Preseason View Of Mississippi State
The team and fans weren't happy. This pleases the coach.
Where once an 8-5 season and bowl trip would have thrilled, Mississippi State ended 2012 less than satisfied. "That to me is the progress that we've built in this program, the expectations that I have of our program," says Dan Mullen. "And those expectations have really spread."
So, can these Bulldogs satisfy upgraded expectations of Mullen's fifth Mississippi State squad? Most pieces seem to be in places for a competitive club, which in the brutal Western Division is saying something.
Quarterback Tyler Russell is the centerpiece. He already owns all season passing standards—touchdowns, yardage, completions—worth having after one-and-a-half years starting. So a similar or presumably better senior means Russell owns the record book.
"Tyler knows our offense inside-and-out, his input on gameplanning is huge," Mullen said. "So we expect him to have a huge year this year." Yet sophomore Dak Prescott, who suits Mullen's own run-option tendencies, figures to take even more than just the short-yard/goal-line snaps given last year.
Either has a tested, talented group of backs to give the ball. Senior LaDarius Perkins (1,024 yards and 8 touchdowns) is the old Dog but Nick Griffin, coming off another knee injury, adds more big-play threat while Derrick Milton is the balanced package. By the stat sheet it's a rebuilding year at wide receiver and tight end with 79% of the catches and 21 touchdowns graduated. Yet this group appears more overall talented and certainly more varied, led by Johnson & Johnson. That would be tight end Malcolm and split end Robert, juniors now reaching their prime. Jameon Lewis and Brandon Holloway are the slot-threats in a four-receiver set used exclusively in spring.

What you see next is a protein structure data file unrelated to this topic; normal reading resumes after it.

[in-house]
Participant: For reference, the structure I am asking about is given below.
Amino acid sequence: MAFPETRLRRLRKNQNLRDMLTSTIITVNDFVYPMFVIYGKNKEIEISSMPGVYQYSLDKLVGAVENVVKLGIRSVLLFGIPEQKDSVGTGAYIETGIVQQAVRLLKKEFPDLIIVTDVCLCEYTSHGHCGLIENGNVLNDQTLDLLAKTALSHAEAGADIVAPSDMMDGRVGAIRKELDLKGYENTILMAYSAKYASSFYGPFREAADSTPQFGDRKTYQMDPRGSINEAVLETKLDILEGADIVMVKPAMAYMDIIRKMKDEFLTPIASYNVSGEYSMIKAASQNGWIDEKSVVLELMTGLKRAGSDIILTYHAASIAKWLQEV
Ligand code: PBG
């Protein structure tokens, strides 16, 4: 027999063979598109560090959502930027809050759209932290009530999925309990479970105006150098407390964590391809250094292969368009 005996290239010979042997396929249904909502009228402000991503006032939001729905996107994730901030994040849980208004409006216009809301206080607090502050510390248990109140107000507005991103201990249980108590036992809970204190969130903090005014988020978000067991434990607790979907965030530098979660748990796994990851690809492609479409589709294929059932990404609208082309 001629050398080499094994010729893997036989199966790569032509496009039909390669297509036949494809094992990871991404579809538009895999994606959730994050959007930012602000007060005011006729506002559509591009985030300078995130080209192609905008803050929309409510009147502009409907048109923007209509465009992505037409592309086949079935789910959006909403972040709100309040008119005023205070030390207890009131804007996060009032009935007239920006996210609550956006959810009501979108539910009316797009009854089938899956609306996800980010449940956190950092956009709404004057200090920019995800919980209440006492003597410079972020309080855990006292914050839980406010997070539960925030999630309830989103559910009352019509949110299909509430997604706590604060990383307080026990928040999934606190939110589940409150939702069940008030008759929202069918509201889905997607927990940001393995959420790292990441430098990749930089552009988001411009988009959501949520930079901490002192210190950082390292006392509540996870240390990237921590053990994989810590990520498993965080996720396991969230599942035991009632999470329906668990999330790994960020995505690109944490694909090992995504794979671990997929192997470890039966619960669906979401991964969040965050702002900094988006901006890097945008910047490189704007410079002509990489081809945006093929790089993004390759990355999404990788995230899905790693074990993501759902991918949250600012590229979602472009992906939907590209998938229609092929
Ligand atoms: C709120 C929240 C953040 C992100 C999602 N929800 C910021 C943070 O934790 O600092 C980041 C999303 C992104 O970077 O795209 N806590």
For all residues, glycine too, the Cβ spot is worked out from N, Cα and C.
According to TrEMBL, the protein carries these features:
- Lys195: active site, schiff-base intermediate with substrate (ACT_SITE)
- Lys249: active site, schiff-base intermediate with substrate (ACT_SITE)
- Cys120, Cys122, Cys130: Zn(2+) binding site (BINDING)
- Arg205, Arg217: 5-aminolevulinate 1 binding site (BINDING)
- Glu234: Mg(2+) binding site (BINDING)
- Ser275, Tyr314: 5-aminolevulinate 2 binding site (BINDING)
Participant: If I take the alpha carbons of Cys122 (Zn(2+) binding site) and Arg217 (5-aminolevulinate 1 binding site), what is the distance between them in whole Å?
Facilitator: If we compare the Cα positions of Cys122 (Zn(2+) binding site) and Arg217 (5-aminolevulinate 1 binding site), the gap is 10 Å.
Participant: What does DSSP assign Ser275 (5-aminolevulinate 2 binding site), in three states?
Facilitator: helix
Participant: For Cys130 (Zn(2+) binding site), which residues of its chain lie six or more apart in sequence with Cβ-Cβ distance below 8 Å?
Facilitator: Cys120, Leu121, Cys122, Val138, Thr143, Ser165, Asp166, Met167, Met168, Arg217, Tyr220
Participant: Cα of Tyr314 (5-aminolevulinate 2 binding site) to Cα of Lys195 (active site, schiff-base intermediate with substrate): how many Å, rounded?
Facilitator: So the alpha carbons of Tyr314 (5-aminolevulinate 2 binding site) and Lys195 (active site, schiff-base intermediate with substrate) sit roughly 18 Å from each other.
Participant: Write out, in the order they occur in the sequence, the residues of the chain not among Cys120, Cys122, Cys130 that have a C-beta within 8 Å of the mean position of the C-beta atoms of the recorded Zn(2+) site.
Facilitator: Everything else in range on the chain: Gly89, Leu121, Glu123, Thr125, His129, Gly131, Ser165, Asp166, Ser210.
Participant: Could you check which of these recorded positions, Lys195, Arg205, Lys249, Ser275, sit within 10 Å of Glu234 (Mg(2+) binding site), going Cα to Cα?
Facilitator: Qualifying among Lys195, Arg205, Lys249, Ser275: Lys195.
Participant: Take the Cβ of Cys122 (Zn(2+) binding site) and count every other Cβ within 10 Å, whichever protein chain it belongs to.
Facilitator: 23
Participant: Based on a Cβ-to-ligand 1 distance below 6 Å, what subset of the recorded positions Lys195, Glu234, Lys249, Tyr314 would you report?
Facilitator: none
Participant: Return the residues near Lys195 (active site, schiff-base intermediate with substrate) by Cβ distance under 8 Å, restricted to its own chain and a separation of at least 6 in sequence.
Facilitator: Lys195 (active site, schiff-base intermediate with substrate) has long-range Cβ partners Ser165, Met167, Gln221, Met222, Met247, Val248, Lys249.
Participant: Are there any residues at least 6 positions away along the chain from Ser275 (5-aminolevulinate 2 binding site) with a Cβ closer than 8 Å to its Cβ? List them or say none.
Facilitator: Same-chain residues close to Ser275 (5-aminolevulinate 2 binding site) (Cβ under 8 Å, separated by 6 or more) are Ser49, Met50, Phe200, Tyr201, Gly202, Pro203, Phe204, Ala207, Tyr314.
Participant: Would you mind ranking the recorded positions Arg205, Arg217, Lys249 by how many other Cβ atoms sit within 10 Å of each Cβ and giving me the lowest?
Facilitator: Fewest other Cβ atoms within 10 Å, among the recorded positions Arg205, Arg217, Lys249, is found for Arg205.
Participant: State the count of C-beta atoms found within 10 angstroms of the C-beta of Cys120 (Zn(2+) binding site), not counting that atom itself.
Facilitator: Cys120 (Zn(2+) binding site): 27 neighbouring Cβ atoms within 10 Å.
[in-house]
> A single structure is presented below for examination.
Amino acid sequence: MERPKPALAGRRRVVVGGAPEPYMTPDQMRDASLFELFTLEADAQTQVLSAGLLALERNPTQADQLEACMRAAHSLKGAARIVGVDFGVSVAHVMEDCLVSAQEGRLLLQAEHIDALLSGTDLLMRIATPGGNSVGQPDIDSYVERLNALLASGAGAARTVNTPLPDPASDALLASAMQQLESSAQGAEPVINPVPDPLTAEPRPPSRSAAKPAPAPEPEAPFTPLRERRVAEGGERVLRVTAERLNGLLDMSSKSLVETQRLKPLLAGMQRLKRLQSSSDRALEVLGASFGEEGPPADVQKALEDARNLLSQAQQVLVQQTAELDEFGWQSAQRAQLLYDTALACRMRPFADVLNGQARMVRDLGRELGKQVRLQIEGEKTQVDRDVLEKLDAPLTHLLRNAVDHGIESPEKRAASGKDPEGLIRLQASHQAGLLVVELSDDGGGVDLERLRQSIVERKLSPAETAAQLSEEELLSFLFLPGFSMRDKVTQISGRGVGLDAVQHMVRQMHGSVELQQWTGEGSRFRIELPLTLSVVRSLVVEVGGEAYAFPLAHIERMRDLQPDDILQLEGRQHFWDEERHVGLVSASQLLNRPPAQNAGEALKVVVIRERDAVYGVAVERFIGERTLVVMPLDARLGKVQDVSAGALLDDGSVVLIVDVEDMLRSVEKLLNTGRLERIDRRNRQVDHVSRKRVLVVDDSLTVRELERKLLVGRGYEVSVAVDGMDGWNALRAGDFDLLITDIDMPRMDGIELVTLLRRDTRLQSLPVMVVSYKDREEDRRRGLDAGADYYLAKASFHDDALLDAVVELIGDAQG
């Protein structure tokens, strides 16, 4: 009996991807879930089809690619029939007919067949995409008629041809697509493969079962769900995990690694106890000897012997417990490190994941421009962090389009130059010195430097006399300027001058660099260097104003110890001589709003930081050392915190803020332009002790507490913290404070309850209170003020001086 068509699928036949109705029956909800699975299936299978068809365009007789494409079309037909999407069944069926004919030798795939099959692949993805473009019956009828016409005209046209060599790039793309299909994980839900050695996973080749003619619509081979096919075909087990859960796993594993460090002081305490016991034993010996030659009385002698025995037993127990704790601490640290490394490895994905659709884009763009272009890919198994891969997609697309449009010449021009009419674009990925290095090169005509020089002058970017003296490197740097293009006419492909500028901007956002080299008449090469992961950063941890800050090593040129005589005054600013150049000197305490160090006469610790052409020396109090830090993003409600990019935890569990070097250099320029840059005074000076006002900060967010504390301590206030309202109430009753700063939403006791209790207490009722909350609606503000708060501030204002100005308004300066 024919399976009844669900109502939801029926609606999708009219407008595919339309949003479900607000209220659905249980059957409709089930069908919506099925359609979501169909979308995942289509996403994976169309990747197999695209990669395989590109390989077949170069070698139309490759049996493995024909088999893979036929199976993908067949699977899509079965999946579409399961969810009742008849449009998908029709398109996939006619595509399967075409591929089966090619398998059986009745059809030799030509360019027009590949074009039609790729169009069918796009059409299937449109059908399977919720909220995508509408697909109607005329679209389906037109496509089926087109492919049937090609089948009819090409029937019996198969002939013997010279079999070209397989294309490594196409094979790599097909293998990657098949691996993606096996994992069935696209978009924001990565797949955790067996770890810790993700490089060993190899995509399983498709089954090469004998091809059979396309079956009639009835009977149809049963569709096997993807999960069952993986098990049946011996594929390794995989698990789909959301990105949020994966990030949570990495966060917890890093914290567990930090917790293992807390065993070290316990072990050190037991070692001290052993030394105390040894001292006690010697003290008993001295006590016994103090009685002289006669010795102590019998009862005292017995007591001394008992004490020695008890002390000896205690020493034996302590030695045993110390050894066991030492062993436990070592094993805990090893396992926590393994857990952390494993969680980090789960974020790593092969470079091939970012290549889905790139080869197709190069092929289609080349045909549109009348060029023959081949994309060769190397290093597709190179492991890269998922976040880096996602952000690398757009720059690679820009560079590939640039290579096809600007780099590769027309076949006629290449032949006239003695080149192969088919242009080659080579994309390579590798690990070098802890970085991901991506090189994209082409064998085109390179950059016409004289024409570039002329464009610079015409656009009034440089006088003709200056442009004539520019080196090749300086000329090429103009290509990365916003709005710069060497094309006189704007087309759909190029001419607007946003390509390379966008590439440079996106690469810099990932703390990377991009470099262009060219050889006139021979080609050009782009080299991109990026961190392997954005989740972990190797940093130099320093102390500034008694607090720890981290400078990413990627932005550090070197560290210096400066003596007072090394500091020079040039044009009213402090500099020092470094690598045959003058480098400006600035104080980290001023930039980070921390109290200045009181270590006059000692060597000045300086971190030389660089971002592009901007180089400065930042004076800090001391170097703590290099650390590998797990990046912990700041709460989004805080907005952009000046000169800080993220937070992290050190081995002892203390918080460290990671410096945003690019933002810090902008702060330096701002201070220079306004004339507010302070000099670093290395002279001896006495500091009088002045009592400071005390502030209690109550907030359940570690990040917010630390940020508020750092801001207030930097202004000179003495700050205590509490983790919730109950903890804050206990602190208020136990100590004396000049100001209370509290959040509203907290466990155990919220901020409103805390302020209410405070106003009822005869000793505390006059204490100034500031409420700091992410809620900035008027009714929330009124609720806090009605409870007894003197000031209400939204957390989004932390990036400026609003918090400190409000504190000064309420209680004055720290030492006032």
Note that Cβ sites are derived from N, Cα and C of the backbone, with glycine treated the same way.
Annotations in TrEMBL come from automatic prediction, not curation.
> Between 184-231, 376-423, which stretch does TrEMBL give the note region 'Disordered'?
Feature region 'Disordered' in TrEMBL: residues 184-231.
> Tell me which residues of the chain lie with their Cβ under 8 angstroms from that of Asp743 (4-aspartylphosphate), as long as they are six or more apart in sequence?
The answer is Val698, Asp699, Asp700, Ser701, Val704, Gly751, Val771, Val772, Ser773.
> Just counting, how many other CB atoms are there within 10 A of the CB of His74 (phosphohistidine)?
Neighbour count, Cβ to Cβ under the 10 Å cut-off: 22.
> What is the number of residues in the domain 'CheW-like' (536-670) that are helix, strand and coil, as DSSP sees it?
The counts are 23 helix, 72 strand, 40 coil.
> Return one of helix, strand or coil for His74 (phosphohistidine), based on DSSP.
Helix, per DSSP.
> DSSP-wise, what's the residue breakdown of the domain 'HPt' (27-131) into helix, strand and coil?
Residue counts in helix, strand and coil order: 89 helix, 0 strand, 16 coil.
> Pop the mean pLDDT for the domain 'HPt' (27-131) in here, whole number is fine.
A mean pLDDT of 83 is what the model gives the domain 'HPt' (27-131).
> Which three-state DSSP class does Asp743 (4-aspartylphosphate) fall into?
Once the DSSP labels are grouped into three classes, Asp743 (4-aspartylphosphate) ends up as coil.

None of which matters without time for Russell to throw. He took a lot more hits, if not official sacks, than necessary last year. The interior trio is solid with All-SEC guard Gabe Jackson and center Dillon Day. It's up to senior Charles Siddoway and juniors Damien Robinson or Blaine Clausell to get the job done at tackles.
The defensive staff got a major make-over with linebackers coach Geoff Collins now coordinating. "He did a good job," Mullen said. "He had the guys playing hard and doing the things we want to see." The front can be excellent when quick tackles Kaleb Eulls and P.J. Jones alternate with big-push guys Quay Evans and Nick James. This should present end Denico Autry much more pass-rush opportunity.
There's a wealth of linebackers to work with too, whether veterans Benardrick McKinney and Deontae Skinner or rising redshirts Beniquez Brown and Richie Brown. Overall this group is faster without losing muscle. The challenge is replacing two second-round drafted cornerbacks. Jamerson Love, Cedric Jiles, and Taveze Calhoun get first shots, but juco Justin Cox was signed to play and redshirt Will Redmond is ready. Loss of individual stars should be offset by better backfield cohesion, with big-hitter Nickoe Whitley at free safety and heady Jay Hughes organizing everyone. "They showed they have potential to do a lot of good things for us," Mullen said.
Baker Swedenburg (41.1 yards) returns as the reliable field-position punter, and Devon Bell (14-of-21 field goals) at placekicker.
Having raised new expectations, Mullen does want to bring back one old attitude from his first year. "Our guys understand the expectations. We just have to do a great job making sure everybody plays with that desperate mindset. That this is the most important year, this is the year that matters."
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